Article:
Adventures in cross-cultural parenting

Before she left, Ying told friends that her Canadian homestay family had three young children. This number would be highly unusual in China. “There will be toys everywhere!” she joked.

Turned out to be books everywhere instead.

Last August Ying joined our household as a member of the family while attending a local Christian high school. There had to be some culture shock in moving from Beijing, a city of 21 million people, to Newcastle, a village with just four stoplights. Our whole country has only 35 million people!

We’ve enjoyed getting to know Ying and hope that she is happy in our noisy home. The experience has been a good one for us. She is here to learn English and get to know Canadian culture. Those are easy requirements for any homestay family to meet. Stretching everyday family life to include a teenager from another country can be a little harder. Hard, but still good – we love learning a little bit about China from her. We have tried chopsticks, spicy dishes and black-bean moon cakes. We celebrated the Mid-Autumn Festival and Chinese New Year.

But there’s no doubt she is doing the lion’s share of growth. She has learned how to live with rambunctious younger kids and participate in dull Saturday chores.

In the past months, she’s tried the following activities for the first time in her life: make cookies, chop vegetables, skate, toboggan, give and receive Christmas presents, crack an egg, do laundry and clean a bathroom. My cousin had a baby on April 2 and when we visited a few days later, it was the first time Ying had ever held a newborn (or any baby).

Nothing but the best
Habits and routines that we consider normal would stand out as strange if our family was transported to China. I’m guessing that thought crosses Ying’s mind often, though she’s too polite to say so.

The other day Ying asked me, “Do you like crying?”

It took me a minute to realize, once she added “Your children cry very much,” that she was asking if it’s in our DNA. I don’t think so. But it’s true that our kids can dissolve into tears over something like not getting the best chair at the table. Ying had more examples: “Ben cannot get his Cheerios for supper and so he cries, like ‘Life is so hard!’ In China most parents would say, ‘YOU EAT YOUR SUPPER!’”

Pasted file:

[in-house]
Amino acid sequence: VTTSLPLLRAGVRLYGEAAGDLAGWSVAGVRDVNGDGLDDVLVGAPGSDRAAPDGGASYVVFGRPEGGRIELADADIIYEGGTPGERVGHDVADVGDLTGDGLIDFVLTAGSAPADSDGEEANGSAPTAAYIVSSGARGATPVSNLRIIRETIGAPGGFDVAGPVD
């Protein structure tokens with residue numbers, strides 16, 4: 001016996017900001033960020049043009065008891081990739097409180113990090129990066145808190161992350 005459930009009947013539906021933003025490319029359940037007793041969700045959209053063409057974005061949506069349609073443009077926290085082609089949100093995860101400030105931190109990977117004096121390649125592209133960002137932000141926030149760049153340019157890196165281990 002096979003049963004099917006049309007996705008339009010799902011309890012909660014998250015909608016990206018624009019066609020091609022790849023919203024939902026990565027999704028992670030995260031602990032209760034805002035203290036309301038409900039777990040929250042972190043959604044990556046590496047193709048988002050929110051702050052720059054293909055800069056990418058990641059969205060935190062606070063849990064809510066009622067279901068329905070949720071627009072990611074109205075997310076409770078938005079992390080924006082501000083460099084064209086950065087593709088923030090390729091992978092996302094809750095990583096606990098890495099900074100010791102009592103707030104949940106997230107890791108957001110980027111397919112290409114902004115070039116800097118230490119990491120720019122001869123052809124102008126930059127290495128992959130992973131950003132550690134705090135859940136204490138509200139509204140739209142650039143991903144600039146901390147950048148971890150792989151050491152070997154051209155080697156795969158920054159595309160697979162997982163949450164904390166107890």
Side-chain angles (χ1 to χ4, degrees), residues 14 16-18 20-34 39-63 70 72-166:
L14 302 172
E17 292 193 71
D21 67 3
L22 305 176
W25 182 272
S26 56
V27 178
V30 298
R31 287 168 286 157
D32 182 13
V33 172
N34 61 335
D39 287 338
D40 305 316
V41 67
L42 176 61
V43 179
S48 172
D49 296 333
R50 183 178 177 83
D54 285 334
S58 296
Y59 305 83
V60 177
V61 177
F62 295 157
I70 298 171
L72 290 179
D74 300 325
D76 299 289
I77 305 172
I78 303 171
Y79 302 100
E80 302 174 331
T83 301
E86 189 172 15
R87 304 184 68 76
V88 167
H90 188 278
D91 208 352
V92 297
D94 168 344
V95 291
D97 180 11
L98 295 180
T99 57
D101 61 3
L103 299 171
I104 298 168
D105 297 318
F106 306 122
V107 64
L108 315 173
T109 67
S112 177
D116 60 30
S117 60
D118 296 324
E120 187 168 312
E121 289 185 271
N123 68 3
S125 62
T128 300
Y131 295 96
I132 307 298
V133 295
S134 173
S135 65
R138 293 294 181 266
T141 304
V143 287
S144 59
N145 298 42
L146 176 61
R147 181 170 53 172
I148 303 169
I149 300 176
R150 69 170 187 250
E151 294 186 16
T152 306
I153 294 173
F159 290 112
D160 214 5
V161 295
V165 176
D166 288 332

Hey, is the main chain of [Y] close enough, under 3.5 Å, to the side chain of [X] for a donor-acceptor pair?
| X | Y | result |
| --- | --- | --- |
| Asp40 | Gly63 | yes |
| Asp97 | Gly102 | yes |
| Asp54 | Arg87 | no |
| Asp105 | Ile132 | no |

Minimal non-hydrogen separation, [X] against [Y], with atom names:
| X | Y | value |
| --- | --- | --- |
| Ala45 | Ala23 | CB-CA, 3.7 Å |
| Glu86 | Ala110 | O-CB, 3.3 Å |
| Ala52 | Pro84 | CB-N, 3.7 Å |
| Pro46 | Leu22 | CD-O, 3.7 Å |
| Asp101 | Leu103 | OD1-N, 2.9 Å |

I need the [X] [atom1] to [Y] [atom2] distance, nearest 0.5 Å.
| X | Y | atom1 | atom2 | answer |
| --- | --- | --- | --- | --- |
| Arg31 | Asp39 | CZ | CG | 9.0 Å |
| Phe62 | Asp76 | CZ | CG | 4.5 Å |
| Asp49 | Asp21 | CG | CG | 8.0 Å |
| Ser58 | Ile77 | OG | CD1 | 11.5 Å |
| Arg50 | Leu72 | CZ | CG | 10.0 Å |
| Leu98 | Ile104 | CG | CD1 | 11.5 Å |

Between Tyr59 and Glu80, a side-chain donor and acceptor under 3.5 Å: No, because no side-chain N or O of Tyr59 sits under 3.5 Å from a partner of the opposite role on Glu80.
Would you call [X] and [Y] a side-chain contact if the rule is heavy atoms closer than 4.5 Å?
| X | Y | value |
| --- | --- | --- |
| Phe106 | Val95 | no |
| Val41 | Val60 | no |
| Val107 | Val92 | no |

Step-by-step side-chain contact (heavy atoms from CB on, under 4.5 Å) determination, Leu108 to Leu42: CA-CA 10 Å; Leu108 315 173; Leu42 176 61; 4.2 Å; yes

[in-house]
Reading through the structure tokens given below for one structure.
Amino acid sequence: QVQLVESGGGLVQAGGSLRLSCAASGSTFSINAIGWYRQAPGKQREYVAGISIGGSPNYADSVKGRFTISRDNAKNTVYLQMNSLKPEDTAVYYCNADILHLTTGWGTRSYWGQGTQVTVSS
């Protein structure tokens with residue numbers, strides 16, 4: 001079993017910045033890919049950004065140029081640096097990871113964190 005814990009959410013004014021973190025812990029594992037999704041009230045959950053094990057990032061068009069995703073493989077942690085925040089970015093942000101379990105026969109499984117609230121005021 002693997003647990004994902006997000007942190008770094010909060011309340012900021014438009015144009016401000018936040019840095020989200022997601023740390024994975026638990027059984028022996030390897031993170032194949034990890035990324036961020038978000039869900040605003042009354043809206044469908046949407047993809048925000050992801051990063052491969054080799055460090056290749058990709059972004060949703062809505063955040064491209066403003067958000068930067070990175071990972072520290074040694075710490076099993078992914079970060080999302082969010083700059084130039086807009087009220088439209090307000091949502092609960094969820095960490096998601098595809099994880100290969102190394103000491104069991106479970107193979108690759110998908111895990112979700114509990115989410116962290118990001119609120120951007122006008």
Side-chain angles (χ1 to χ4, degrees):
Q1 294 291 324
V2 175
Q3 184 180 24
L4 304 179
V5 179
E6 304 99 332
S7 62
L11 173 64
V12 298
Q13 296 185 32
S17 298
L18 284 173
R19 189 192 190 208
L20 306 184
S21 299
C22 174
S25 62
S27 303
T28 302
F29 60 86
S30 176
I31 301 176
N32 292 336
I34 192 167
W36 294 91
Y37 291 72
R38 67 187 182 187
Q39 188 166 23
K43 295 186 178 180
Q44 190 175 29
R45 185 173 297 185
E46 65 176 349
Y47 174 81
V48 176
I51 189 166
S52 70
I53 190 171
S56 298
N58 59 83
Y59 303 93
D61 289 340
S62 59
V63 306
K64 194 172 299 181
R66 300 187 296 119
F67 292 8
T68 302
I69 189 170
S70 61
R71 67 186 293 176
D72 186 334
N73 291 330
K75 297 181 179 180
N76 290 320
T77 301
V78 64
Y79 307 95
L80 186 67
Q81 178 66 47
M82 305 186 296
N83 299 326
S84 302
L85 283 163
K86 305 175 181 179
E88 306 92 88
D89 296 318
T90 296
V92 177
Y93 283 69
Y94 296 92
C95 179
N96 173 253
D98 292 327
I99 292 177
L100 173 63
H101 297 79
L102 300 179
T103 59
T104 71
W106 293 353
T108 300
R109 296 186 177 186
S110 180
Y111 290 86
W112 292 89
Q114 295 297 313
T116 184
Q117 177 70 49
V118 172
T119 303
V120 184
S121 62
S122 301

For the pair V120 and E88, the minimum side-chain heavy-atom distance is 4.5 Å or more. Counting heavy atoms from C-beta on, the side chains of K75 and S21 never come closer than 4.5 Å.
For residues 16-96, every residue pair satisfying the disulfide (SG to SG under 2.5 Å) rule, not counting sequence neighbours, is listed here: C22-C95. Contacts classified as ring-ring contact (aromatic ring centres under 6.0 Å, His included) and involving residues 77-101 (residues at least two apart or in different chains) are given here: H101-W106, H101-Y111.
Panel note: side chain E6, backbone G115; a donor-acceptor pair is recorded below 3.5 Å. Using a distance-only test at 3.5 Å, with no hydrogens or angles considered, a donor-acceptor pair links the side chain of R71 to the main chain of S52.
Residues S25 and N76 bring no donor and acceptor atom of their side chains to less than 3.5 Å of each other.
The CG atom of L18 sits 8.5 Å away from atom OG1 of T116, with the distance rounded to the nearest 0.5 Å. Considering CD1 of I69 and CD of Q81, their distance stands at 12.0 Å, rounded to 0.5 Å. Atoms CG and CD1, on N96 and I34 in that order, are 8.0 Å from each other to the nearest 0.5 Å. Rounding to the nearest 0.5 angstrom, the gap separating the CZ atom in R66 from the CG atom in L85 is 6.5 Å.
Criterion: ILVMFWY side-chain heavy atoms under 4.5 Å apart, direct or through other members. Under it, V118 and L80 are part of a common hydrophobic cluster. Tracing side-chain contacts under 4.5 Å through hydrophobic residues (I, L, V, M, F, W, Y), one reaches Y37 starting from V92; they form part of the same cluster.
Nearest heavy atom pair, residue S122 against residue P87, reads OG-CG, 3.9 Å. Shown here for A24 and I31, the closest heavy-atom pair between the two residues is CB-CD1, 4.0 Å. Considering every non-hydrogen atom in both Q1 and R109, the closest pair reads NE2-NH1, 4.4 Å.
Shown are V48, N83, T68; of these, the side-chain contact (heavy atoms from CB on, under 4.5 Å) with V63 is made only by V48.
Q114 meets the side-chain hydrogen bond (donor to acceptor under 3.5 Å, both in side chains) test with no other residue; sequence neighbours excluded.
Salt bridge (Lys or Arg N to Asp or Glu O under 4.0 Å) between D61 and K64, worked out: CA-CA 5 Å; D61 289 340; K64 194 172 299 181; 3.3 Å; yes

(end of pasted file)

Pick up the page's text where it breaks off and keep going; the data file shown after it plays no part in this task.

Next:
This conversation led to some self-reflection. I felt guilty for a little while about my lax Western parenting styles. Chinese-American Yale professor Amy Chua would have a heyday here. In her controversial memoir The Battle Hymn of the Tiger Mother, Chua shares the Chinese parenting methods used in raising her daughters, which hinge on self-control and discipline. “Tiger parenting” is now shorthand for stressing a child’s academic achievements as the key to future career success.

Ying has described the pressure on Chinese kids to do well, to get good jobs. A girl’s parents will ask a serious boyfriend, “Where is your house? Where is your car? What can you give my daughter?” Schooling seems focused on how it will pay off financially. The weight of these expectations can lead to depression. But it also seems to produce a high proportion of young adults pursuing STEM careers (Science, Technology, Engineering, Maths).

All parents want what is best for their kids. I guess it depends how you define “best.” From what I’ve heard, many Chinese parents prioritize financial security. Chua’s daughters practised piano eight hours a day and never had a single sleepover or playdate. Their childhood accomplishments make an impressive resume. But kids aren’t tiny adults. They’re kids! Early-onset life pressure doesn’t sound like a great idea to me.

If you asked North American parents what they hope for their children’s futures, aren’t they likely to highlight happiness? Christians and non-Christians alike. But happiness is a thin and slippery goal. Like wealth, it won’t deliver meaning. And despite the number of self-help books with “happy” in the title, it can’t really be taught.

Does that put North American parents out of a job? What is the goal of parenting, then – if it’s not to ensure financial success or life-long happiness?

For us, it’s to raise children who feel loved by God; who sow righteousness, reap love and seek the Lord (Hos. 10:12). What a task! No wonder there are a few tears along the way.

Continuing education
When someone moves into your house for a year, your family’s true values become evident. Sometimes painfully evident. Ying has seen me snap at the kids, rush through prayer, skip the Bible reading after supper. . . .  

One can only hope that the better moments make an impression too – a good supper-table discussion, sharing a laugh, feeding a baby, figuring out how to skate.

By the way, Ying read this editorial. She corrected a few things. Chinese education is slowly changing, she says, to focus less on final grades and academic achievement. Articles in China ask how to incorporate Western teaching styles in the classroom.

Any way you look at it, there is still so much to learn.

  • Angela became Editor of CC in 2009, having learned English grammar in Moscow, research skills in grad school and everything else on the fly. Her vision is for CC to give body to a Reformed perspective by exploring what it means to follow Jesus today. She hopes that the shared stories of God at work in the world inspire each reader to participate in the ongoing task of renewing his creation. Angela lives in Newcastle, Ontario with her husband, Allan, and three children.

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